A LOBSTER AND A LADY by Jeanne Whitmee

A LOBSTER AND A LADY

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KIRKUS REVIEW

A long, foolishly complicated Upstairs-Downstairs-y episode--without the BBC's (or Mollie Hardwick's) class, tone, or texture. Pretty Polly Harris, a foundling raised by a London dockside innkeeping couple, grows up to be an astonishingly naive teenager; and though she goes into safe service as a maid for two prim sisters, Polly soon winds up by mistake in a brothel--from which she's rescued in time by dear, sweet artist Eddie Tarrant. Eddie explains the Facts of Life to Polly (""with a few words and some deft drawings""), and in no time the two are platonic roommates, then blissful lovers. Nice Eddie even encourages Polly to pursue her ambition to sing on the vaudeville stage--she does well with help from agent Solly Cohen and comedian Freddie Long, and soon she's known as ""The Warmest Heart in London."" But heartbreak awaits: Eddie goes off to hobnob with his proper friends, leaving Polly pregnant; Polly marries kind Freddie (who dies, as does the baby); and Polly must then run a theater all on her own. Will Eddie return? Blimey, yes--and both lovers will learn their real parentages in a swatch of ungainly coincidences. Bland dialogue, cardboard characters, thin atmosphere--weak show, even by the most undemanding period-soap standards.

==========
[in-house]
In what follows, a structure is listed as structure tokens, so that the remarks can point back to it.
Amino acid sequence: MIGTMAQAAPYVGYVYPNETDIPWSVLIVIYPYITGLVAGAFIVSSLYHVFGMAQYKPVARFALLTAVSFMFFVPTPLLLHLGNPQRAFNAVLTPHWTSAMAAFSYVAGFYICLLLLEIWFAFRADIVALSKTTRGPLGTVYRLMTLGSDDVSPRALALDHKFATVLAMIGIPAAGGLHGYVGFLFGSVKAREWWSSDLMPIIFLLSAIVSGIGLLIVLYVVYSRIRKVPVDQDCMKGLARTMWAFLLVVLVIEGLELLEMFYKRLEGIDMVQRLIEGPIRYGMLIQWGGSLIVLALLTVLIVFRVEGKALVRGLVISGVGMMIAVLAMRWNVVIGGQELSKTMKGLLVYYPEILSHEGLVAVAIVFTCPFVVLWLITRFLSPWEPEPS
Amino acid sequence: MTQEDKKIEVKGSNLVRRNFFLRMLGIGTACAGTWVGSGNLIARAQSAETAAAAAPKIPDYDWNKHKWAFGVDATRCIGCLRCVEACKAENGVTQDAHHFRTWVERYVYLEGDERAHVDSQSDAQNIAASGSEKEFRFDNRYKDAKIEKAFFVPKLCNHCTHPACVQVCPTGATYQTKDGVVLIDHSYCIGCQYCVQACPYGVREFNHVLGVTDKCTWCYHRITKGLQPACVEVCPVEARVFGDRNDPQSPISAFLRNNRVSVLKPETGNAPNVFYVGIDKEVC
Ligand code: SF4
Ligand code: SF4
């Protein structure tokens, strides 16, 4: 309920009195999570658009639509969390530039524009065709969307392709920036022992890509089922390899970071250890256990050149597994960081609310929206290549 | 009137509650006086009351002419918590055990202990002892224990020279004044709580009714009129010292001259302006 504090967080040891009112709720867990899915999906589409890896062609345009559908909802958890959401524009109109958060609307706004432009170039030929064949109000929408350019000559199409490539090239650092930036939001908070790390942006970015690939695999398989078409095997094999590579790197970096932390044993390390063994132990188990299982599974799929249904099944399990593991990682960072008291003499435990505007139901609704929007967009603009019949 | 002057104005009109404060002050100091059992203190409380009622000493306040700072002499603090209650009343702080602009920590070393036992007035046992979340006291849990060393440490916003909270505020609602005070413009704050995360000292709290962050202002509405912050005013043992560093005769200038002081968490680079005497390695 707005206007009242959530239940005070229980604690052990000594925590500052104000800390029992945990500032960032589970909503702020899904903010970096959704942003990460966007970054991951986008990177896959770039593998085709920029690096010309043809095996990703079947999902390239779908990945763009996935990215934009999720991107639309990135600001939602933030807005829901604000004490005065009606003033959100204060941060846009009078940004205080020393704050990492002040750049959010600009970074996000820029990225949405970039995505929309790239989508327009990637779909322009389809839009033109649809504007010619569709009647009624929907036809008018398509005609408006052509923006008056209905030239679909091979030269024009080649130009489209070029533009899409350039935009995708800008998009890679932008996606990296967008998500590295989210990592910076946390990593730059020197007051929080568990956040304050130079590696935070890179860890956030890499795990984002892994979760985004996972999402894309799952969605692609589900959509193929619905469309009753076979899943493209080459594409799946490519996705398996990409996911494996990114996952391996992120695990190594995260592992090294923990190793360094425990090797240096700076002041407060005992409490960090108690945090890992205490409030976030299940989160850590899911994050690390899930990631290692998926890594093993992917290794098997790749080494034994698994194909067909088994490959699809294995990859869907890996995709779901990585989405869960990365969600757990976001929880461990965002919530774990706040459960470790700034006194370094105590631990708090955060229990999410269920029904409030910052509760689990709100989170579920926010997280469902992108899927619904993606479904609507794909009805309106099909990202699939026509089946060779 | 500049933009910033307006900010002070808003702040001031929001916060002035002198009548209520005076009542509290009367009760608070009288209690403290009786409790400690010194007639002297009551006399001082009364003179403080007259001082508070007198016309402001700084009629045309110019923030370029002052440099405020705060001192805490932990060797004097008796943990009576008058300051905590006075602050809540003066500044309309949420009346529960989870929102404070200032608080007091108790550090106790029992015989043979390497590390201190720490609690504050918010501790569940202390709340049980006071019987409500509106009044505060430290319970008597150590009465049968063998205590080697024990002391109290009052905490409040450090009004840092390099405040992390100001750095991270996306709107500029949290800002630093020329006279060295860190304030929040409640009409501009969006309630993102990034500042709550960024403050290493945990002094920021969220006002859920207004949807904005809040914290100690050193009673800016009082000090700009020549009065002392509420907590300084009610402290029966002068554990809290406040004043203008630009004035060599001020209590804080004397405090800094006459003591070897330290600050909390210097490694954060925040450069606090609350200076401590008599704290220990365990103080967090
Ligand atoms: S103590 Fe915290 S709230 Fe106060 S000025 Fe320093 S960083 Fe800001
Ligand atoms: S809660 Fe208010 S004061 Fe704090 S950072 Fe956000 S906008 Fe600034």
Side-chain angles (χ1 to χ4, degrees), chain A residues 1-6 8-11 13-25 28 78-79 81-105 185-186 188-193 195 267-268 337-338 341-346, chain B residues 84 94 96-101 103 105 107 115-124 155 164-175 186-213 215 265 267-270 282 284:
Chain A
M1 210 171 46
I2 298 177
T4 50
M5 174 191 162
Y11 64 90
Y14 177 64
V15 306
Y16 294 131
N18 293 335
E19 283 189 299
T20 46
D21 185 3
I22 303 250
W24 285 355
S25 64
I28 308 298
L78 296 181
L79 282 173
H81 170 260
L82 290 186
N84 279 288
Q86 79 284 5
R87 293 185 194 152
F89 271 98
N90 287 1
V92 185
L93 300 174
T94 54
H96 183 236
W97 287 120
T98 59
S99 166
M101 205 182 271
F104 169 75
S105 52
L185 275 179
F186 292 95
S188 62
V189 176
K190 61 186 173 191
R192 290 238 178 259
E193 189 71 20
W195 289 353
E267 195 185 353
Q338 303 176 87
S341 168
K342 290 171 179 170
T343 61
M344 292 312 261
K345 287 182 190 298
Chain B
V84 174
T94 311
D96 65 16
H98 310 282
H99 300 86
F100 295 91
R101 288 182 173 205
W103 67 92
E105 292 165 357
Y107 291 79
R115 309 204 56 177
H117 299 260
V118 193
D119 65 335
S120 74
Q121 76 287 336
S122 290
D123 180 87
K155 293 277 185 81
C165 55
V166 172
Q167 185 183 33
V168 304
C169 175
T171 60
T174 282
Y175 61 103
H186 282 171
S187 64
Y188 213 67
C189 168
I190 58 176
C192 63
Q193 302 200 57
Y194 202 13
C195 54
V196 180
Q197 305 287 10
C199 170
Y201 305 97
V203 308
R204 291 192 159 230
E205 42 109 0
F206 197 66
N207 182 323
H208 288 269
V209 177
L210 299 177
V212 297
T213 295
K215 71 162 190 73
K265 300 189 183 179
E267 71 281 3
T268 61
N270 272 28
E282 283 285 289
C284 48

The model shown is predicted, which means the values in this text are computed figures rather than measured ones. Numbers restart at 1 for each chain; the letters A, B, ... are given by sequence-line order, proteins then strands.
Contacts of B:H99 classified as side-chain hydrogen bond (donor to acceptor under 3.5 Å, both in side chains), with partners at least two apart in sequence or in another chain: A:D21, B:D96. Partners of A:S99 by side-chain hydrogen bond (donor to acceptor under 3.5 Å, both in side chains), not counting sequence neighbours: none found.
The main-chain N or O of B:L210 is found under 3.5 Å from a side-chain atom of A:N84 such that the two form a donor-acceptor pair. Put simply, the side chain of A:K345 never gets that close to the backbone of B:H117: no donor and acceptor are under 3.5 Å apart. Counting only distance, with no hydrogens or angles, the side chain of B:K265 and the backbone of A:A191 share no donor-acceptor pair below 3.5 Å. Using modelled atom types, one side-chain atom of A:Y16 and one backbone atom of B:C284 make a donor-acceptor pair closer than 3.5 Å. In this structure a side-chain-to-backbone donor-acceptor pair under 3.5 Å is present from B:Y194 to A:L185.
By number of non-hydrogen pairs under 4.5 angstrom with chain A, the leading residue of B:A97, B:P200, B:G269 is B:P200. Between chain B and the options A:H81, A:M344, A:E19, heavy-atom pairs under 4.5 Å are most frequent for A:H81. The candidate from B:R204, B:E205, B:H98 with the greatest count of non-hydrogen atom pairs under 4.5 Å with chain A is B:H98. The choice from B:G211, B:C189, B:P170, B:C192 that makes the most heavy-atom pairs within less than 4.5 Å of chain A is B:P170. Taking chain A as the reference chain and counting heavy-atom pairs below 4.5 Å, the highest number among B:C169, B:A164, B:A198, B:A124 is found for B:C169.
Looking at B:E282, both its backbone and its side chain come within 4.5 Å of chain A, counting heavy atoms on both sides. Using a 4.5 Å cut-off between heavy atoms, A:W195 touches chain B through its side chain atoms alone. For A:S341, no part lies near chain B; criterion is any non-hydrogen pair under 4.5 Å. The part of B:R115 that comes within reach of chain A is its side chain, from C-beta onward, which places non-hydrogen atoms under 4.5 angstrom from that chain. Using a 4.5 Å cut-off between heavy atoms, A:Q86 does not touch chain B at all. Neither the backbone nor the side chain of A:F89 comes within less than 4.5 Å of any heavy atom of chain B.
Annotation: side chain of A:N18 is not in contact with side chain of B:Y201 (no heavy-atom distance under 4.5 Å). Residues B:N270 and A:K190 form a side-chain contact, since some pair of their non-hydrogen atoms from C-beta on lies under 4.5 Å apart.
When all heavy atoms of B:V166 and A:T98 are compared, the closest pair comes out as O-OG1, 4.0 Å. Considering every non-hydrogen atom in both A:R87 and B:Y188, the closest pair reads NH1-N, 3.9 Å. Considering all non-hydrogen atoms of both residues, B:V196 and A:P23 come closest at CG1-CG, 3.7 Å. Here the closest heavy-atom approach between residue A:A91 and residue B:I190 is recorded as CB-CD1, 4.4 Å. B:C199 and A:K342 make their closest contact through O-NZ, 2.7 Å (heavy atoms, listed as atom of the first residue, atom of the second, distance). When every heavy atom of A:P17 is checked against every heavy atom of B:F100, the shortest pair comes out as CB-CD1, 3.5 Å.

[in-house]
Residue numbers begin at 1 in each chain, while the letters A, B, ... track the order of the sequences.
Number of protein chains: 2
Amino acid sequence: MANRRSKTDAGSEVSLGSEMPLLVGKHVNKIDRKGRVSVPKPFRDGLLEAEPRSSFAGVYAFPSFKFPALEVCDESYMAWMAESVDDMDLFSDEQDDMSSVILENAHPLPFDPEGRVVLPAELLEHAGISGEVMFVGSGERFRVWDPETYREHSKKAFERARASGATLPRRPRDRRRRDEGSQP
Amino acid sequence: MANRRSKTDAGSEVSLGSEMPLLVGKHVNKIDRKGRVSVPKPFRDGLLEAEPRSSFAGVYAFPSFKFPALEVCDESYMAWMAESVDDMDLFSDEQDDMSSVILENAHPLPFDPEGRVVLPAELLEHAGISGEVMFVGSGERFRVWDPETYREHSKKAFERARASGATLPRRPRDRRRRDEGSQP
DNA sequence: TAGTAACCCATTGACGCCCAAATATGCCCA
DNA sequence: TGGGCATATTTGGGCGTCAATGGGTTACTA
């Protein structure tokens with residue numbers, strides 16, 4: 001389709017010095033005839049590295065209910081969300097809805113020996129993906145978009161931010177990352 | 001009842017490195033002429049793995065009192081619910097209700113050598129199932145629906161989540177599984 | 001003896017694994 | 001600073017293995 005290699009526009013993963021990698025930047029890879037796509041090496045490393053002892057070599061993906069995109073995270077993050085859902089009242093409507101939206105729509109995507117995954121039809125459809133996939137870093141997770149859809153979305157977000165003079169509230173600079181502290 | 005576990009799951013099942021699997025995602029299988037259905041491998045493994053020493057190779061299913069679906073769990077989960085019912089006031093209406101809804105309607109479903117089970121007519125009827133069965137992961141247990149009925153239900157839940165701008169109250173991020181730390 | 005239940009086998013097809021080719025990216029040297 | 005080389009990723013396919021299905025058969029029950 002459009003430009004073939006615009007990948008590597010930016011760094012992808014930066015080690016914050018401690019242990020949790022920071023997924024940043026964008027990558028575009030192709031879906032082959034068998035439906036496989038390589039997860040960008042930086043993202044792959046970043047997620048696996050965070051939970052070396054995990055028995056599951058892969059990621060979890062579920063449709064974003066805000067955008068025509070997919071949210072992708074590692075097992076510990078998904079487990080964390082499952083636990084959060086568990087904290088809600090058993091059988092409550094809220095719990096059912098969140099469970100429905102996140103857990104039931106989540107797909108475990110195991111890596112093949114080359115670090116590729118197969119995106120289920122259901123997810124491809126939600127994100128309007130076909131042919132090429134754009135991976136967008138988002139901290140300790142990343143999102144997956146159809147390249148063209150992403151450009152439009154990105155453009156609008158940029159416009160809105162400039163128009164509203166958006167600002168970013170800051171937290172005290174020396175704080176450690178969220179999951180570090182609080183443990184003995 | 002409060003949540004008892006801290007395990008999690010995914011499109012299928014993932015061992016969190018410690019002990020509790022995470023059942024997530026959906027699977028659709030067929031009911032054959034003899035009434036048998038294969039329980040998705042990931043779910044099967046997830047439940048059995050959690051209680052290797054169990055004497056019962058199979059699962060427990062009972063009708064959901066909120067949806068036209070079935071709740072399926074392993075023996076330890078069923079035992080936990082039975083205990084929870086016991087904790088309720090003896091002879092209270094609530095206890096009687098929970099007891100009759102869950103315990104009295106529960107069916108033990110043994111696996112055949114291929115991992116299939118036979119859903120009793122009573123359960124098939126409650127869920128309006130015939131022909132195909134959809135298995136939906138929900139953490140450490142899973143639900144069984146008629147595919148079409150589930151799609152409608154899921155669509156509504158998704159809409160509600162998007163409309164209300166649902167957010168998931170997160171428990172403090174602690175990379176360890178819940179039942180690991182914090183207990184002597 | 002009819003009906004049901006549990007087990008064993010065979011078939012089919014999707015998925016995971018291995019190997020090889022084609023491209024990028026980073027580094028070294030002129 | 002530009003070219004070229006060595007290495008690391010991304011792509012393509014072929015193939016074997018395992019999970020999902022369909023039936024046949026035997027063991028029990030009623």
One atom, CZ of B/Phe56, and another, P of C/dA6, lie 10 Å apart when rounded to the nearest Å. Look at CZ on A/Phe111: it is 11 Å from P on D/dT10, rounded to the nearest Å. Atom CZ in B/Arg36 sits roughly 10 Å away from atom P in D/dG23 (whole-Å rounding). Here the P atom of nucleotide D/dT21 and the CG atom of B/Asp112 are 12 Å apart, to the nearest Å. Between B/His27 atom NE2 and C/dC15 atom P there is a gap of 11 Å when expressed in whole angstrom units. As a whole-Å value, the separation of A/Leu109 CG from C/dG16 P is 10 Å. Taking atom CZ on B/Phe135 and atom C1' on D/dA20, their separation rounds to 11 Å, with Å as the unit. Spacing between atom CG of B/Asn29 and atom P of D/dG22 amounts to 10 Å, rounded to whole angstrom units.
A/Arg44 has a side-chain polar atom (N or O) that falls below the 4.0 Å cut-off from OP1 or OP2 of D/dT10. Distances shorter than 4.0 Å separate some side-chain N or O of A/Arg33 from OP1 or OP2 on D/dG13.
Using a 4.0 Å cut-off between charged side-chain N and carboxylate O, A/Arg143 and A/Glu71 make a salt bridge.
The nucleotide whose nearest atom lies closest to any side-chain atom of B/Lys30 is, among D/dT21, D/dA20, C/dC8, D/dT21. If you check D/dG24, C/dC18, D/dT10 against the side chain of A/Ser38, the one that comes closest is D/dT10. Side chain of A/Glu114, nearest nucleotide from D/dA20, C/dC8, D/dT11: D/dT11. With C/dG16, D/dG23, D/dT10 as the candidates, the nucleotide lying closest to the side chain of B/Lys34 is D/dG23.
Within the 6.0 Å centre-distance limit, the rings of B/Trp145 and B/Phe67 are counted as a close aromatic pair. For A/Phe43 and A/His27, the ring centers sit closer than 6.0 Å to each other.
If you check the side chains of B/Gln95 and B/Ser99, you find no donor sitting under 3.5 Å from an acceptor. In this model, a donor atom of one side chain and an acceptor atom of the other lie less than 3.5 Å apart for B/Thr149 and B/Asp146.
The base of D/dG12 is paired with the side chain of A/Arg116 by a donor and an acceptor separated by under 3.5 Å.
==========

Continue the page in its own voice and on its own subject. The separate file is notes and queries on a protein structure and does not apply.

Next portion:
Pub Date: March 28th, 1980
Publisher: St. Martin's